Poster presentation @ ICA 2016, Fukuoka, Japan.

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On weddings and familial ties

Prologue: In the past five years I’ve transitioned through various levels of financial independence as I have studied and worked abroad and lived as a single male. Interestingly, childhood lessons continue to stick with me and seem to follow me around as I make my yearly trips back home. These lessons manifest most profoundly during those so-called ‘wedding seasons’ (a misnomer I might add for every season seems to be a wedding season in Karachi). Where the most contentious issue often boils down to marriage with an ‘outsider’ a.k.a a gory or gweilo. 

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On weddings and familial ties

In this post I will highlight two popular arguments desi-families make to dissuade marriages with foreigners. I want to understand whether these are sound arguments or personal choices disguised as such. I hope readers will see that this reasoning can be generalised to many other factors, particular those based around age, sect, baradari (community), culture (favoured in Pakistan) that influence decisions to tie the knot.

I neither condone nor condemn a particular choice. I quite respect choice and right of opinion what I do not approve of is when people collate matters of choice with their supposedly reasonable arguments. Because when we mix arguments with value systems, we tend to defy rationalisation; we refuse to change our arguments even when underlying assumptions change.  We mistakenly assume that our argument is sound when actually we are imposing our belief and tailoring the arguments to fit those beliefs. For instance,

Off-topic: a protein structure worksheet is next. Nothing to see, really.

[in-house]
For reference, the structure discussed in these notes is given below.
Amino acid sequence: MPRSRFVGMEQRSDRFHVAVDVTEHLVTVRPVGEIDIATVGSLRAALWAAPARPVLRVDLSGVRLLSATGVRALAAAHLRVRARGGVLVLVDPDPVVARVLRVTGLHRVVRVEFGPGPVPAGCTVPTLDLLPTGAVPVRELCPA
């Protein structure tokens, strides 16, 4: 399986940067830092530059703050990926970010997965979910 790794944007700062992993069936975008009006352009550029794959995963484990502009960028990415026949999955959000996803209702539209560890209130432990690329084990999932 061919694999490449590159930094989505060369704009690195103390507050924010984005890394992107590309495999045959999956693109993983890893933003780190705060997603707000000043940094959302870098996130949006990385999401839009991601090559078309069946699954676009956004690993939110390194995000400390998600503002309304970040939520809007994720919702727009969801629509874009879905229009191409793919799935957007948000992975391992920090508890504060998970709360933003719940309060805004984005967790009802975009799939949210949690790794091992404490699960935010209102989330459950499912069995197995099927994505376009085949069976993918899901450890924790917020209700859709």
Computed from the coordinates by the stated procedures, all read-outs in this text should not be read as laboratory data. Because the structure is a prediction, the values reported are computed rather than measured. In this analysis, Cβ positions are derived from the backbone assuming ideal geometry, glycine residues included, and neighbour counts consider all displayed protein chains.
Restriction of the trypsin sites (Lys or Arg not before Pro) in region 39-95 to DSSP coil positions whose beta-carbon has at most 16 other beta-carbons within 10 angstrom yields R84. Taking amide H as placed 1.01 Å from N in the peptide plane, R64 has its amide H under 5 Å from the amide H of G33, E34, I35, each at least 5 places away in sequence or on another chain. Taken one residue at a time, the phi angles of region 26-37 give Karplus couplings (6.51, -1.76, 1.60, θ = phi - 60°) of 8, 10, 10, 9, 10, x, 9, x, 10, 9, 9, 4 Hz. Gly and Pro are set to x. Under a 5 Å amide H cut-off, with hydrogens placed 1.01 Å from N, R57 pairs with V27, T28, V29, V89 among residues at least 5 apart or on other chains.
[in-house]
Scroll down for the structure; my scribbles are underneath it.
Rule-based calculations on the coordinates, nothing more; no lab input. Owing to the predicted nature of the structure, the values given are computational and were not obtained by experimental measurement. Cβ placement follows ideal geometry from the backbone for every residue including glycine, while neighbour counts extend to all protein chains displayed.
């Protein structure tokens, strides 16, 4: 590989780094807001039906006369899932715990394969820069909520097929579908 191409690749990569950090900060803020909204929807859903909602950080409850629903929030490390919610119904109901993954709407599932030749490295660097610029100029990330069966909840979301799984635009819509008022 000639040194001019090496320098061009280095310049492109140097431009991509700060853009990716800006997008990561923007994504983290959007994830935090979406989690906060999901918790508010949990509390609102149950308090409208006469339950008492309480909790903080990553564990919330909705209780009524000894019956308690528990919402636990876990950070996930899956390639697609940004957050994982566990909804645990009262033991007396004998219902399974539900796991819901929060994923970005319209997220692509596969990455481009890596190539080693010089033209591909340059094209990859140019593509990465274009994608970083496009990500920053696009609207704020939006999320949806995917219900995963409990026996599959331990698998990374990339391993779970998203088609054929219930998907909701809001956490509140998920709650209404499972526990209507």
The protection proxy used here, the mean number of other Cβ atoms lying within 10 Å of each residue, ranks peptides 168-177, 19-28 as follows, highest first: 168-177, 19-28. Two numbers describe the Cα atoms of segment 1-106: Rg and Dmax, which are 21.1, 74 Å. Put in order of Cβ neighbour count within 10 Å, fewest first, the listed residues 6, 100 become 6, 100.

1- When we say that familial ties trump all other: 

Most of us born-raised in the subcontinent are taught to view family relations through the assumption that material benefits of maintaining strong extended familial ties inherently trump all other ties. Through this assumption we argue that marrying a Pakistani is more beneficial then a non-Pakistani since same nationality makes it easier to find mutually beneficial relationship when two families come together.

However, when this assumption is challenged; like when one family is more upwardly mobile or there is mistrust between the two or any other reason, it becomes logical, even necessary to modify our argument. Logical people maintain and strengthen ties with those who they trust or see some form of a benefit. Not necessarily monetary, many times it is an emotional benefit when a couple can sustain each other through thick and thin. Now it may be that we find many such trust worthy people in extended families but is that necessarily so? Many times we have such amazing relationships at various levels with our friends, coworkers, bosses, subordinates, mentors etc. Why should then when it comes to choosing potential partners must we restrict to certain families, sects or nationalities?

2- Social cost of marrying a foreigner will always be higher – Loag kya kahiengay? (what will people think?)